Results prolong, rather than clarify, Democratic race Lacking a front-runner, contest extends to Super Tuesday. Buchanan nips at Bush.

March 04, 1992|By Jules Witcover | Jules Witcover,Staff Writer

WASHINGTON -- The Democratic Party remained without a clear front-runner today after a mixed bag of primary and caucus results that essentially moved the competition for the party's presidential nomination on to Super Tuesday next week.

And while the Republicans have an established front-runner in President Bush, he too must push on to shake the relentless challenge of television commentator Patrick J. Buchanan, who mounted strong protest votes against him again.

Democratic voters in the South, Midwest and Far West again expressed strong support for "Washington outsider" candidates yesterday, with former Sen. Paul Tsongas of Massachusetts winning in Maryland and Utah, Gov. Bill Clinton of Arkansas in Georgia and former Gov. Jerry Brown winning a tight race in Colorado.

Sen. Tom Harkin of Iowa, a longtime Washington insider, salvaged a relatively meaningless success in a sampling of 135 out of 4,100 Minnesota caucuses tabulated last night, winning 27 percent of the vote to 24 percent uncommitted to any candidate. Only Mr. Harkin, backed by Sen. Paul Wellstone of Minnesota and organized labor, made a major effort in the state. The fifth Democrat and another Washington politician, Sen. Bob Kerrey of Nebraska, appeared to fare poorly everywhere yesterday after his victory last week in South Dakota.

Mr. Harkin also won in Idaho's county presidential caucuses, coming away with 30 percent of the 377 Democratic state convention delegates. Mr. Tsongas trailed with 28.4 percent.

For the first time this year, Mr. Clinton entered the winner's circle with 57 percent of the vote in the Georgia primary, besting the runnerup there, Mr. Tsongas, by more than 2-1. But Mr. Tsongas' victory over him and the rest of the Democratic field in the Maryland primary enabled Mr. Tsongas to claim to be the first Democrat to win outside his home region.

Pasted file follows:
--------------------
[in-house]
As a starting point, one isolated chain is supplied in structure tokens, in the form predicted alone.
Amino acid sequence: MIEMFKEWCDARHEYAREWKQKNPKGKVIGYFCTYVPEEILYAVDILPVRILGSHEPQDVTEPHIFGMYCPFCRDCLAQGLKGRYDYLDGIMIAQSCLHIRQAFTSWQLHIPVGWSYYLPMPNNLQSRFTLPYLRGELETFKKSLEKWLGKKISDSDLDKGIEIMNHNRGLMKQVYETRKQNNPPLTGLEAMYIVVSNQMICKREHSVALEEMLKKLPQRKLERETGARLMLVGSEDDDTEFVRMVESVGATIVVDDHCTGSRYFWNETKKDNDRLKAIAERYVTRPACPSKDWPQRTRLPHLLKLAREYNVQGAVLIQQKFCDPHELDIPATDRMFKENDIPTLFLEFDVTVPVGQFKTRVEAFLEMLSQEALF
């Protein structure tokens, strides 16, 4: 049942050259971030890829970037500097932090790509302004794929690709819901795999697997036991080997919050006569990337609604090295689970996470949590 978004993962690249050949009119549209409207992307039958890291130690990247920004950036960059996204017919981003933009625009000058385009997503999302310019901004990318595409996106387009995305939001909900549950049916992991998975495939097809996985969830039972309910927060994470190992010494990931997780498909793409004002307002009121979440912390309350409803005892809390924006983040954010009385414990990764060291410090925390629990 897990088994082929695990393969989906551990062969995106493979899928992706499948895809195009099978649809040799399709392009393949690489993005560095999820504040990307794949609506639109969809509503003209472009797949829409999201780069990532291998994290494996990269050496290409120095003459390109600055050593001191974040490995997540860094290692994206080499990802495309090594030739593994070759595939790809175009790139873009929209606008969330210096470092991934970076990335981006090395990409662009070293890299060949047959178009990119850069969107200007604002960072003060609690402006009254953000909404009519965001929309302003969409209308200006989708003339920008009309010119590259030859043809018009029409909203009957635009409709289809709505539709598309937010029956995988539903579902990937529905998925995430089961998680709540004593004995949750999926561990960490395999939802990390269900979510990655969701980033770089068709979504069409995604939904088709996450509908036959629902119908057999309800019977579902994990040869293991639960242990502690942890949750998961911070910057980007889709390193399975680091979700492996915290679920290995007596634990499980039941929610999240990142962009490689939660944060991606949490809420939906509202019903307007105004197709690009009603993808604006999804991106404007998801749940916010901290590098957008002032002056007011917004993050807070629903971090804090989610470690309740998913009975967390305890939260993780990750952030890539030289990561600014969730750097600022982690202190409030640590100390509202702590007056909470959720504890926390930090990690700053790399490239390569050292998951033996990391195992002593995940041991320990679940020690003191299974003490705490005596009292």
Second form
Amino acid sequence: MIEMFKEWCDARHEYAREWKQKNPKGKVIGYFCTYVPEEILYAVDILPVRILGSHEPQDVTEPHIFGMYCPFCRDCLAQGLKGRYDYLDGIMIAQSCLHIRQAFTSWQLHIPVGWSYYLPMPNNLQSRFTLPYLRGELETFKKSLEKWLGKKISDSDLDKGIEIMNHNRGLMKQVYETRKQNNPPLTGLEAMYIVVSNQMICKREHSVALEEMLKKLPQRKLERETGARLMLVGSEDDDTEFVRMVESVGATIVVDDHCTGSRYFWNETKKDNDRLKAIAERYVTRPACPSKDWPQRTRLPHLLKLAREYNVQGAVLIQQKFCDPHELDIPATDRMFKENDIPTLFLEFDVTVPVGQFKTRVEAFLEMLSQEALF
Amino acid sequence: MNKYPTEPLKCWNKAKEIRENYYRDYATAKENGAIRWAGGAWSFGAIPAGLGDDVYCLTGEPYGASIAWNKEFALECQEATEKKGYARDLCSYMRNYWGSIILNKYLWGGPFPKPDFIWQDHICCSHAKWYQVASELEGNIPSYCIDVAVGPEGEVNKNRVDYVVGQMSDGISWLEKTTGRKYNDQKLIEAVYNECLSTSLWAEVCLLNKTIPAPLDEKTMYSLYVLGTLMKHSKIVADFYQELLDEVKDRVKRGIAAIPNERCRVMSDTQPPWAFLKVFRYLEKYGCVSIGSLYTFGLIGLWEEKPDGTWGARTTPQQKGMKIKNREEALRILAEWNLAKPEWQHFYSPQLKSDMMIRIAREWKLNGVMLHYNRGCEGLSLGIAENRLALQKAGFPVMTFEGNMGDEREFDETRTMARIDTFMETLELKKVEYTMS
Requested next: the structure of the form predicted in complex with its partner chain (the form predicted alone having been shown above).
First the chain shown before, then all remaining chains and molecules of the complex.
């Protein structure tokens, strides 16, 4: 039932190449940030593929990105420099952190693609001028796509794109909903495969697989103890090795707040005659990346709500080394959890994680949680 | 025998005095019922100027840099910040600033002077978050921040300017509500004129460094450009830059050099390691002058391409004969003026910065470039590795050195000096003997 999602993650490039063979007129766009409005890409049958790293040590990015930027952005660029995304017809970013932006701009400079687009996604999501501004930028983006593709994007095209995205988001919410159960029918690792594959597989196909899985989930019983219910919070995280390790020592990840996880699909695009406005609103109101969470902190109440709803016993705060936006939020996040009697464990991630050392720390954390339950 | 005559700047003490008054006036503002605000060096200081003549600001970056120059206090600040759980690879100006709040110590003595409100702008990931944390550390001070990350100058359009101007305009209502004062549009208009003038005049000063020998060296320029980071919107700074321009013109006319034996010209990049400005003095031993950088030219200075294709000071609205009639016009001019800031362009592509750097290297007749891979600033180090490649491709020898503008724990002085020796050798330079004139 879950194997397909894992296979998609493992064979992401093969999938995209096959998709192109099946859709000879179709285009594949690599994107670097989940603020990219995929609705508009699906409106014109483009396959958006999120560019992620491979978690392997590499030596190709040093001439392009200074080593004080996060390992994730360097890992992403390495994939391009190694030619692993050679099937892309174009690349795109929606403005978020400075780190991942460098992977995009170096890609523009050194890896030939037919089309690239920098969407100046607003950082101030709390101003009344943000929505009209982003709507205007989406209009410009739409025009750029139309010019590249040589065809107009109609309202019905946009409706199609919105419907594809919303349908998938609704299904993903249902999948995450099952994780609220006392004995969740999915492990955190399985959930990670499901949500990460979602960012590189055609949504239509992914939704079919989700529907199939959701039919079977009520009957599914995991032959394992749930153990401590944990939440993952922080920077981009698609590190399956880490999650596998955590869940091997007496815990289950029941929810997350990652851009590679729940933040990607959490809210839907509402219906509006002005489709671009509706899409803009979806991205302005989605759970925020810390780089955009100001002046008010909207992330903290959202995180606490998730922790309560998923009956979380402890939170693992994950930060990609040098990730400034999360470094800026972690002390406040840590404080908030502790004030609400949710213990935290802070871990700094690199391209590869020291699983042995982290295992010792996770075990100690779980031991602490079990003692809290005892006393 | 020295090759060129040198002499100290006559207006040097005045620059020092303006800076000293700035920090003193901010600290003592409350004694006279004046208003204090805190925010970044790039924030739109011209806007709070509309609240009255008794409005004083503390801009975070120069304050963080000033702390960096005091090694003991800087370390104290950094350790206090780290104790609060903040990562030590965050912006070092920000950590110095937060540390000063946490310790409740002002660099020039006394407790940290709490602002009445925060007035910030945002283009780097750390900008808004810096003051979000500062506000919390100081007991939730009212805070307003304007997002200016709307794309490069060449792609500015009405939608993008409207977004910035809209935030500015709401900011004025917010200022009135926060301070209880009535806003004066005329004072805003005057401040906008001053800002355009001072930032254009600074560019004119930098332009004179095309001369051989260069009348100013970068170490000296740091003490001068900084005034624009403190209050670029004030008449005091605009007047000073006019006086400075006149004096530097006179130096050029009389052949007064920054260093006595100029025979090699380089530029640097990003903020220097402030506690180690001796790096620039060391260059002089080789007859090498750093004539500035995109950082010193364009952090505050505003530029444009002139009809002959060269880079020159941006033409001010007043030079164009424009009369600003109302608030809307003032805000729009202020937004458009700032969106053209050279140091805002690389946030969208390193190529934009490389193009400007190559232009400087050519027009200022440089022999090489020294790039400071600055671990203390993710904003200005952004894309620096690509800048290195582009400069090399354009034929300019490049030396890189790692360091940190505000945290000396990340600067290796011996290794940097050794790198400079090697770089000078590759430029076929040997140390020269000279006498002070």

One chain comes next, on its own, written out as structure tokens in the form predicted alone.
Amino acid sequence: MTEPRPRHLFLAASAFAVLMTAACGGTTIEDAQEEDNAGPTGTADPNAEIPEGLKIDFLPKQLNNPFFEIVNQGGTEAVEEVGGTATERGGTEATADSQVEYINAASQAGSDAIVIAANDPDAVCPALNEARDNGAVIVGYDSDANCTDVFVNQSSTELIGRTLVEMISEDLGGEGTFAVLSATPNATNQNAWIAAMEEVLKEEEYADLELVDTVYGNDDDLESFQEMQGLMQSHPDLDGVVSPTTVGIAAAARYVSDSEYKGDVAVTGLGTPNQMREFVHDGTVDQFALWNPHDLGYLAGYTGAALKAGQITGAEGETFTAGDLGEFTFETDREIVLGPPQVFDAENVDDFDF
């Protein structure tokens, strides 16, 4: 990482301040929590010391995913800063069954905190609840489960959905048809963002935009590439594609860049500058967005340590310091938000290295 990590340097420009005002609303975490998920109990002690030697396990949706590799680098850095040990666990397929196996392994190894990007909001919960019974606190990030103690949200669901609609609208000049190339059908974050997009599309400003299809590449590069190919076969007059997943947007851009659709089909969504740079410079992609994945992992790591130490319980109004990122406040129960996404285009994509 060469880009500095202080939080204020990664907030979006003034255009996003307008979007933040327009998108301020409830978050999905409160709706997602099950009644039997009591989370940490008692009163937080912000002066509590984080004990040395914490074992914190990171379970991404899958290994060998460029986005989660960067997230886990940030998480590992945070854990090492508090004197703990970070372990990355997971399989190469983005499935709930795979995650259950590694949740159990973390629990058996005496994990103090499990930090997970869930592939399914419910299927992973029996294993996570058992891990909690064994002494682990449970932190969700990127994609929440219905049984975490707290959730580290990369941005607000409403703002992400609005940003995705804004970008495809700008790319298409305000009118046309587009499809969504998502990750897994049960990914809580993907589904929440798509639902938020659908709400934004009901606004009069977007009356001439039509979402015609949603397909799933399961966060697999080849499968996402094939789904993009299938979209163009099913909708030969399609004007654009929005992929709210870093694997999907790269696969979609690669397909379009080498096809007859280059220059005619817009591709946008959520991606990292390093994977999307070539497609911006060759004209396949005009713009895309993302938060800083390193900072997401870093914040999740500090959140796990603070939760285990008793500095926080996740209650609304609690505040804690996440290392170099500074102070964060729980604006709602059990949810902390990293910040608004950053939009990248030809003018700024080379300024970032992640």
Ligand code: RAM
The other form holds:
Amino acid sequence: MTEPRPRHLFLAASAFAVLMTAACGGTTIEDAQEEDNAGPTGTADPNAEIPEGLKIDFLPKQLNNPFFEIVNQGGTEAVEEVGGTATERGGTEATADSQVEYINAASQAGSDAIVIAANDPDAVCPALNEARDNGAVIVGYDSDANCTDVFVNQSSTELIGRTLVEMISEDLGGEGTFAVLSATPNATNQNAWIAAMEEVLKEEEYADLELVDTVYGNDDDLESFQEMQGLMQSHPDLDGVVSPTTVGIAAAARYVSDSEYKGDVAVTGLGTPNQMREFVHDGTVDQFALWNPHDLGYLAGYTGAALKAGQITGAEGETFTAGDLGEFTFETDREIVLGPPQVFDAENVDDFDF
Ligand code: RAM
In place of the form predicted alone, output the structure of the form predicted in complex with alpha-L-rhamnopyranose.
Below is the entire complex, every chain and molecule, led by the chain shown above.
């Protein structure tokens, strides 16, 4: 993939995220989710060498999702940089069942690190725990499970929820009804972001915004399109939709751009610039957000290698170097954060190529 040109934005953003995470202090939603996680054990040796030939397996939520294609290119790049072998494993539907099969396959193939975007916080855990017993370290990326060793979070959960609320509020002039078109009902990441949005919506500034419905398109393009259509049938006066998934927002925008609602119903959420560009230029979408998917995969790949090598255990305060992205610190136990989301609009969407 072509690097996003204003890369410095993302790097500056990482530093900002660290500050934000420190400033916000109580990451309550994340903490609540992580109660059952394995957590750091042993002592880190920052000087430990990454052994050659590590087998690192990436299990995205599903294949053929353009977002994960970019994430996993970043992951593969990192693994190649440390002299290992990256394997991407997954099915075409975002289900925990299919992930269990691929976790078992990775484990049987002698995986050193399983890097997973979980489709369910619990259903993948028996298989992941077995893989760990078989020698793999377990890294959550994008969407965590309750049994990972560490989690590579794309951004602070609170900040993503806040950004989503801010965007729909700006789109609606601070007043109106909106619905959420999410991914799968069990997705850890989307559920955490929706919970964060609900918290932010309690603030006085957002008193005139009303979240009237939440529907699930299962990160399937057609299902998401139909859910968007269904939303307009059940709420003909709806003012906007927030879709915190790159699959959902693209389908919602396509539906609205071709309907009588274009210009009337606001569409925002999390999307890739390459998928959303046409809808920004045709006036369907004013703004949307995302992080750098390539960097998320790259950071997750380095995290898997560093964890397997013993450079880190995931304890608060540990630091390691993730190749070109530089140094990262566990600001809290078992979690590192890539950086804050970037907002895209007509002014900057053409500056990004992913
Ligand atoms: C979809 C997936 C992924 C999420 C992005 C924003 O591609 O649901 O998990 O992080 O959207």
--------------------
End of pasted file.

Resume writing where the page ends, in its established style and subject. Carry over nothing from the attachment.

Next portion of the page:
Mr. Tsongas also was a big winner in Utah, winning 34 percent of the vote, compared with 28 percent for Mr. Brown and 18 percent for Mr. Clinton.

Mr. Clinton's clear victory in Georgia was probably the most significant, in that it demonstrated his ability to overcome criticisms of his personal actions toward the draft during the Vietnam War that were raised pointedly against him by Mr. Kerrey, an also-ran in the three most important state contests of the seven held yesterday.

As the campaign moves on to Super Tuesday on Mar. 10, in which seven of the 11 states holding delegate-selection contests are in southern or border states, Mr. Clinton is expected to duplicate his success in Georgia. He said last night, however, that he is aware that the fight for the nomination will extend beyond Super Tuesday, with major primaries in Illinois and Michigan, neutral ground for himself and Mr. Tsongas, on Mar. 17 looming as critical.

Mr. Clinton argued in several television interviews last night that his victory in Georgia should not be dismissed as a mere regional one for a Southerner. He described Arkansas in one interview as a border state and noted in others that it is 500 miles from Georgia. He also contrasted his overwhelming victory there with much closer ones by Mr. Tsongas in New Hampshire and Maine, which he described as "a cab ride" from Mr. Tsongas' home in Lowell, Mass.

For Mr. Brown, his Colorado showing not only gave him a psychological boost but he also looked to it to restore his eligibility for the federal campaign subsidy, which he lost by failing to win 10 percent of the vote in two successive primaries, in New Hampshire and South Dakota. He needed 20 percent in Colorado to requalify for the dollar-for-dollar federal matching funds on contributions of $250 or less, which is $150 more than the limit he has set for himself in his shoestring campaign.

Mr. Buchanan, vowing to continue his challenge to President Bush, proclaimed from Atlanta: "We've shaken up the West Wing, we've shaken up Georgia, and we're shaking up the world. . . . The battle of Georgia is won. Now it is on to the battle of the South."

Considering that he did not beat the president in Georgia -- Mr. Bush took 64 percent to 36 percent for Mr. Buchanan -- and in fact has yet to beat him anywhere, this proclamation was a bit strong. But it was clear that his candidacy as a vehicle for protest against the president's conduct of domestic policy still had plenty of steam. Mr. Buchanan is taking his challenge to Louisiana today and Oklahoma tomorrow, two of the 11 states to hold delegate-selection contests next Tuesday, seven of them in Southern and border states.

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